His speech today at Bethune Cookman College in Daytona Beach was very solid and practical and real and laid out the differences between him and his opponent in a way that I think can put him over the top..

galileogirl's avatar

Pixel: Do you want to rethink your answer, click on kevbo’s link. Unfortunately there is a significant number of people who are openly racist and proud of their ignorance. Even more unfortunately there are a significant number of people who recognize racism is wrong but they justify their racism by claiming it is about “inexperience” or “elitism”. This is as untenable as overt racism because they are willing to vote against their own best interests by electing the 3 decade insider who has been at the root of every major economic disaster brought about by deregulation since he supported Keating in the savings and loan catastrophe that cost taxpayers $50 billion in the 80’s. That’s McCain’s “experience.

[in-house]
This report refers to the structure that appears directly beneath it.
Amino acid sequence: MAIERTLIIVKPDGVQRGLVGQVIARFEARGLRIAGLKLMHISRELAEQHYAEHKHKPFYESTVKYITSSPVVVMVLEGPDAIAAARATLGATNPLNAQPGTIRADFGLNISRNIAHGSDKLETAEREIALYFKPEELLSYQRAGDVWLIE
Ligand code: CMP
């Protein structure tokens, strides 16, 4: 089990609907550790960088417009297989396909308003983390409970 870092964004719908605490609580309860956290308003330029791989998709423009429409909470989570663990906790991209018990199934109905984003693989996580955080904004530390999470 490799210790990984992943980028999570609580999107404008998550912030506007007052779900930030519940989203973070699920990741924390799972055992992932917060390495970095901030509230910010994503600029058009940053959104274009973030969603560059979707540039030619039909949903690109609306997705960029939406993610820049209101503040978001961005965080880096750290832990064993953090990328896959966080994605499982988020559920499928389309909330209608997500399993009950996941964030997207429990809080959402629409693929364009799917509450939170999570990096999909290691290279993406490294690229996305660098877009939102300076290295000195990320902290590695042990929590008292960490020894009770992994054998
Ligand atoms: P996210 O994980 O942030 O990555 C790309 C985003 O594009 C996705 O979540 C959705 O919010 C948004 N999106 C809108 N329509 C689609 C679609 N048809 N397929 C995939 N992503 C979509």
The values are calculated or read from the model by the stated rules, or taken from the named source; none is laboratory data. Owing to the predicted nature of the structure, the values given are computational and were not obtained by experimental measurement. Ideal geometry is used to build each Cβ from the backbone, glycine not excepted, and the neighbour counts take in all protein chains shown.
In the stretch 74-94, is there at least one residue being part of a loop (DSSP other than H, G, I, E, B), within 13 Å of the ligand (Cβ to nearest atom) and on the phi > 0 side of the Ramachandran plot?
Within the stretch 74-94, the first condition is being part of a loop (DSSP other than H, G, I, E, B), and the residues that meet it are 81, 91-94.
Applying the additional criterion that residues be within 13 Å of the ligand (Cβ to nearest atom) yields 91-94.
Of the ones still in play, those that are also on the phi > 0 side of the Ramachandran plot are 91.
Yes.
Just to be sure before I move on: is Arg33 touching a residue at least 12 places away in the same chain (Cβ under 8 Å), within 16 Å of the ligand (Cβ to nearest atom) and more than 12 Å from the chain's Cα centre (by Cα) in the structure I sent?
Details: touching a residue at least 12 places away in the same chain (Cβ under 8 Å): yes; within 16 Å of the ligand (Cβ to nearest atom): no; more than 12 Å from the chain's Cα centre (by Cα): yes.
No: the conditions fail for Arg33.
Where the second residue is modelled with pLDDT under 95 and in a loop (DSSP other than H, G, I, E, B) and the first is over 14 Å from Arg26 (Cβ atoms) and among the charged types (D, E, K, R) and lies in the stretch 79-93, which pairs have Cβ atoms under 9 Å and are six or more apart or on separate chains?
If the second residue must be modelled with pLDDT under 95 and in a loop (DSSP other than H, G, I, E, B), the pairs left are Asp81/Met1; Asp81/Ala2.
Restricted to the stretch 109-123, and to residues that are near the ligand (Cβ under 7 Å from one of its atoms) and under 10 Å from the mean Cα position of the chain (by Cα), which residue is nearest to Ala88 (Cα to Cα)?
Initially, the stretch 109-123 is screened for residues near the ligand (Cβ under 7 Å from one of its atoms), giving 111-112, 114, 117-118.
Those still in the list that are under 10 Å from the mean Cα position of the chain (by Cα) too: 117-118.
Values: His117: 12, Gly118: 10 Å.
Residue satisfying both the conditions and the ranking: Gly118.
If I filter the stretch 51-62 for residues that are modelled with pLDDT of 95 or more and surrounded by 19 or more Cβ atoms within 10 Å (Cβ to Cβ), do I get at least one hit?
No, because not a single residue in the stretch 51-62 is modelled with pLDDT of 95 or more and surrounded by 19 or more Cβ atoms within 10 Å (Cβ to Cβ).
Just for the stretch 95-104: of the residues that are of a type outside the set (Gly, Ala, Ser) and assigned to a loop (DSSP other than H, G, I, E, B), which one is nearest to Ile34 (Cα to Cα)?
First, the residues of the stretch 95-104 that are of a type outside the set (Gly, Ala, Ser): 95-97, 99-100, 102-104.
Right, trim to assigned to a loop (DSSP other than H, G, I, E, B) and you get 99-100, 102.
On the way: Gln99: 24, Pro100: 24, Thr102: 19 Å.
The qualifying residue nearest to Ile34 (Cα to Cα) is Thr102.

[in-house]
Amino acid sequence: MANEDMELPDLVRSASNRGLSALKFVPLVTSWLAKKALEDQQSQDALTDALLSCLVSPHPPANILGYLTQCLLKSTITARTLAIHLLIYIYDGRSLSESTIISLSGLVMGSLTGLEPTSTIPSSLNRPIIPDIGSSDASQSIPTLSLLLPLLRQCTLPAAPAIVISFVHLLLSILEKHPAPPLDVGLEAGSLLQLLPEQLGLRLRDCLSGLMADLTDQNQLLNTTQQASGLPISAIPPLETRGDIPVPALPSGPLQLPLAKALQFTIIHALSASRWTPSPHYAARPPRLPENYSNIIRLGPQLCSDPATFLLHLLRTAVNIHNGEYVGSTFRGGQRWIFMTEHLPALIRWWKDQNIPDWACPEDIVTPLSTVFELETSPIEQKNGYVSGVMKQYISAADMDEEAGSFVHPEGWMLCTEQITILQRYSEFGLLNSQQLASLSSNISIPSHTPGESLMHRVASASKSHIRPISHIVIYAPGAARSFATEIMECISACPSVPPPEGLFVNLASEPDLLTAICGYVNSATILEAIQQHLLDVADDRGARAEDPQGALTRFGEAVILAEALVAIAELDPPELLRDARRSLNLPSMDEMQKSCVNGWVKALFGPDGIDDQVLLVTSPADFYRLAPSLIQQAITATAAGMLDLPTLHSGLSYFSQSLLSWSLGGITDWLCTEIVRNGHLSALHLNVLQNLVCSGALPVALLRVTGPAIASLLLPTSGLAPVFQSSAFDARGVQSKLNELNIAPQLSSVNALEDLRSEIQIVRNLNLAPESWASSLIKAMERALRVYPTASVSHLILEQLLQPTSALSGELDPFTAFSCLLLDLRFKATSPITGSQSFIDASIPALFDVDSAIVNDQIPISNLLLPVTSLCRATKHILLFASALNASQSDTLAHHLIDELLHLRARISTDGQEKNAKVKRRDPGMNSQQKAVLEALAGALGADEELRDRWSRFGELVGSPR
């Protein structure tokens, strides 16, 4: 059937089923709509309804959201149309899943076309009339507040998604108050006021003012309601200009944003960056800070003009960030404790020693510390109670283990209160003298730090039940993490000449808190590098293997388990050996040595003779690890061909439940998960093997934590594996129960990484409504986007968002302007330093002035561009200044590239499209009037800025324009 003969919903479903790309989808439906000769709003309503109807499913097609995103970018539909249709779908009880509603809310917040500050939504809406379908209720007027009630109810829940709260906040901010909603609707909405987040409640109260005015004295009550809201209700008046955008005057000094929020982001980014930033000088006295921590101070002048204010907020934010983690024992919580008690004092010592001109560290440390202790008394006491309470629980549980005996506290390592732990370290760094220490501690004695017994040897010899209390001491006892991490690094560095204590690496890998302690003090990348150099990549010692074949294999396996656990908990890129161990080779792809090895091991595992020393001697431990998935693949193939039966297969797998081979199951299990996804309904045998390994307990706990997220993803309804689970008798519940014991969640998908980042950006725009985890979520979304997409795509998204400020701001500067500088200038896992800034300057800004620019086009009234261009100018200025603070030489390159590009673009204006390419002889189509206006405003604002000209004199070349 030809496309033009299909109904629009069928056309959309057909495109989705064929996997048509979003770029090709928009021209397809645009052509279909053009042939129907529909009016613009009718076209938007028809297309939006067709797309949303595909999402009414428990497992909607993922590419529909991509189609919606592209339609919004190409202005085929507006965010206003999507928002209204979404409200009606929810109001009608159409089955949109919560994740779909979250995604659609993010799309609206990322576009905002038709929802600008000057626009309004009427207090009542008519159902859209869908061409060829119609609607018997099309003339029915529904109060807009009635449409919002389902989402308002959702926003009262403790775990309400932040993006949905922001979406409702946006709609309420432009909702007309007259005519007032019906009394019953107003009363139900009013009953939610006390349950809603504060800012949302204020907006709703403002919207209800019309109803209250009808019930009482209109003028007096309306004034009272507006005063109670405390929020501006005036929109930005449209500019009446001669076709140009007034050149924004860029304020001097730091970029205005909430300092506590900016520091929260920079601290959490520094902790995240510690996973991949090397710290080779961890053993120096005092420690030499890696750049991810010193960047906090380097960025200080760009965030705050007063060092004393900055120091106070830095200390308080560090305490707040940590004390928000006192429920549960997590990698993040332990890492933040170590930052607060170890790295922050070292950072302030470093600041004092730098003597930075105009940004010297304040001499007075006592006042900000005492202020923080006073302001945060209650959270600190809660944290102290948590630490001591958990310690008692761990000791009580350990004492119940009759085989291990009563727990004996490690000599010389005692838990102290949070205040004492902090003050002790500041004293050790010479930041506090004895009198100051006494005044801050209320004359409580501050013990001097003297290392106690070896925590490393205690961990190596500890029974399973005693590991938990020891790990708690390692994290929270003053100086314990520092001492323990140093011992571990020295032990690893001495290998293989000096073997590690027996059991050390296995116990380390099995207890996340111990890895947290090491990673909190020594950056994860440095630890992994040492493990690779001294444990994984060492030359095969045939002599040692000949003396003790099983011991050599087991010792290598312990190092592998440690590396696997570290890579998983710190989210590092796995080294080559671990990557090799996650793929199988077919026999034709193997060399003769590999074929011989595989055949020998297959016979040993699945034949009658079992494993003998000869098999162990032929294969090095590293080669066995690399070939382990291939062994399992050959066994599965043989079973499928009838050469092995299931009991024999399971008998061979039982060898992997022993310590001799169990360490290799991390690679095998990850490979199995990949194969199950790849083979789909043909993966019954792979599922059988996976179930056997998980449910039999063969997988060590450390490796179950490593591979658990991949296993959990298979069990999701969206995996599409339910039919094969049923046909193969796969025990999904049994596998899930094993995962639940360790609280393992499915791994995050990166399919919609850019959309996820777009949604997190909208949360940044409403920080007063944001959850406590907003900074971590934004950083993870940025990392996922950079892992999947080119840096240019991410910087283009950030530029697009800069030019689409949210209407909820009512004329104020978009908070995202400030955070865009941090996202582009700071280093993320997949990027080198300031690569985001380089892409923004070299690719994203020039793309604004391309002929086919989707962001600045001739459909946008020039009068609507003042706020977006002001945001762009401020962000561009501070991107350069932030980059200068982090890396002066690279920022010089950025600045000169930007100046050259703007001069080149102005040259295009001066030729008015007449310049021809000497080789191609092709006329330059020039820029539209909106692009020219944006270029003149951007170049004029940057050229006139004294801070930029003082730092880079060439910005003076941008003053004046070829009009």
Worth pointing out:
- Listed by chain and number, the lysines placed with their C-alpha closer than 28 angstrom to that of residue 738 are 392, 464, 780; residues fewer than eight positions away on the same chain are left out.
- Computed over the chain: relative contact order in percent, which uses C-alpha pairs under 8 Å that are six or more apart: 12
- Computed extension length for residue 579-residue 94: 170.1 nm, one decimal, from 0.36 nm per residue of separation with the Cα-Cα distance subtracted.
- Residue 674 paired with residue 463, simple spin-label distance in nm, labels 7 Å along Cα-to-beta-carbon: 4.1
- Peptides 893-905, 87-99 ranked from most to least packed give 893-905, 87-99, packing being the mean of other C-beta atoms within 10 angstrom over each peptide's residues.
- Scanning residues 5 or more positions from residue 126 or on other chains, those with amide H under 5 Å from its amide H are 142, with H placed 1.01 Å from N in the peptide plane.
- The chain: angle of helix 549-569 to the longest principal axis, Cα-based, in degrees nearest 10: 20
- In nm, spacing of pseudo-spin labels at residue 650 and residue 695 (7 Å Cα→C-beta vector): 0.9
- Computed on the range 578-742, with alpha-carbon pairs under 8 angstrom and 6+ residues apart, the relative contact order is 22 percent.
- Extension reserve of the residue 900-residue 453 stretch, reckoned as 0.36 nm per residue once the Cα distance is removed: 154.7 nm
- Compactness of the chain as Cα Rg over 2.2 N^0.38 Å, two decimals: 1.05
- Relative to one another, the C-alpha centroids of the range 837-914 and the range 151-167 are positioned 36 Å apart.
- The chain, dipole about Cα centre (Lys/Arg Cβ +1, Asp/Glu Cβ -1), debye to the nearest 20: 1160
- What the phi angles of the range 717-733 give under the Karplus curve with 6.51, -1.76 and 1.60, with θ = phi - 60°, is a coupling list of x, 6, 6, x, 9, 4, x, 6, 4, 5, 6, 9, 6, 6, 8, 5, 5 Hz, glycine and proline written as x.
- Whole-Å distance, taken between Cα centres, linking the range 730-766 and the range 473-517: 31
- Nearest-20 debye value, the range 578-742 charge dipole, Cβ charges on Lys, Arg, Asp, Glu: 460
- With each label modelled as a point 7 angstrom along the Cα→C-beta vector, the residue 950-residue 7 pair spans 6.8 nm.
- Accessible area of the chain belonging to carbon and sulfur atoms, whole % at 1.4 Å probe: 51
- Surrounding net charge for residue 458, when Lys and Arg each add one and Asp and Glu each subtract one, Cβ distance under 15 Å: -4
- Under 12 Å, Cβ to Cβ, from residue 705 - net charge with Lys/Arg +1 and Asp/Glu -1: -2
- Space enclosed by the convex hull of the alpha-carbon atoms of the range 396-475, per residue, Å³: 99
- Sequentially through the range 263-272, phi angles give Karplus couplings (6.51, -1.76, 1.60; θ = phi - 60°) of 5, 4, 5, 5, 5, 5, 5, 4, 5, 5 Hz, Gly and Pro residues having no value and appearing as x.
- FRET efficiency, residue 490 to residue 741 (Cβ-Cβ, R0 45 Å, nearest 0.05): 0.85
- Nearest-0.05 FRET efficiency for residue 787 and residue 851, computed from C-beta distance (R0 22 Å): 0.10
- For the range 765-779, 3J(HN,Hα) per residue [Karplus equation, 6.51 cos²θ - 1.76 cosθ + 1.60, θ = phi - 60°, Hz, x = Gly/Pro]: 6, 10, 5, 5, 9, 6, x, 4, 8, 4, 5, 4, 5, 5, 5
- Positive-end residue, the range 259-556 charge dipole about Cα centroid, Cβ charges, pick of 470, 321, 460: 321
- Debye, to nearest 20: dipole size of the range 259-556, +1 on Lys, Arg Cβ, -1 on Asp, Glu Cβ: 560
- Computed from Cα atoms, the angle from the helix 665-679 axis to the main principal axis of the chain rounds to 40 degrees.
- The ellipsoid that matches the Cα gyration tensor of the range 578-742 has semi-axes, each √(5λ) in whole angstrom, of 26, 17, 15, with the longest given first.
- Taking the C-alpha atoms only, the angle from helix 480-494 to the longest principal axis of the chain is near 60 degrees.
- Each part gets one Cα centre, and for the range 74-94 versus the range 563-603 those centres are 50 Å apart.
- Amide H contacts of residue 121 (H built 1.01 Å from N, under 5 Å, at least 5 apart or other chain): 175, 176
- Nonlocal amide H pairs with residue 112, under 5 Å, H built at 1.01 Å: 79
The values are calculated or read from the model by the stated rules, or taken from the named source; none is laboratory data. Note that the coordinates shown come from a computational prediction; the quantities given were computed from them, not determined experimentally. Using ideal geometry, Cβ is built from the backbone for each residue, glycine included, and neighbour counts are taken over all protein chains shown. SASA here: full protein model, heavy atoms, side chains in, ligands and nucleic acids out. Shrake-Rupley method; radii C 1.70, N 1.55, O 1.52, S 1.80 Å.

Eureka's avatar

RE:Kevbo’s link. You know what scares me? This people vote. Yes, you can vote for whomever you want to, but voting is a priviledge as well as a right. Is it to much to ask that people take even a small amount of time or interest to research, or hell, even read about the candidates before they trot down to the polls? My personal opinion is that the people who posted this sign could most likely be poster children for why cousins are not allowed to get married. Side note- I had a muslin jacket once – it looked pretty good on me!

dland's avatar

Unfortunately (from my point of view, anyway), the answer is yes. I couldn’t possibly have answered it better than @kevbo did with his picture, but let me go on a bit…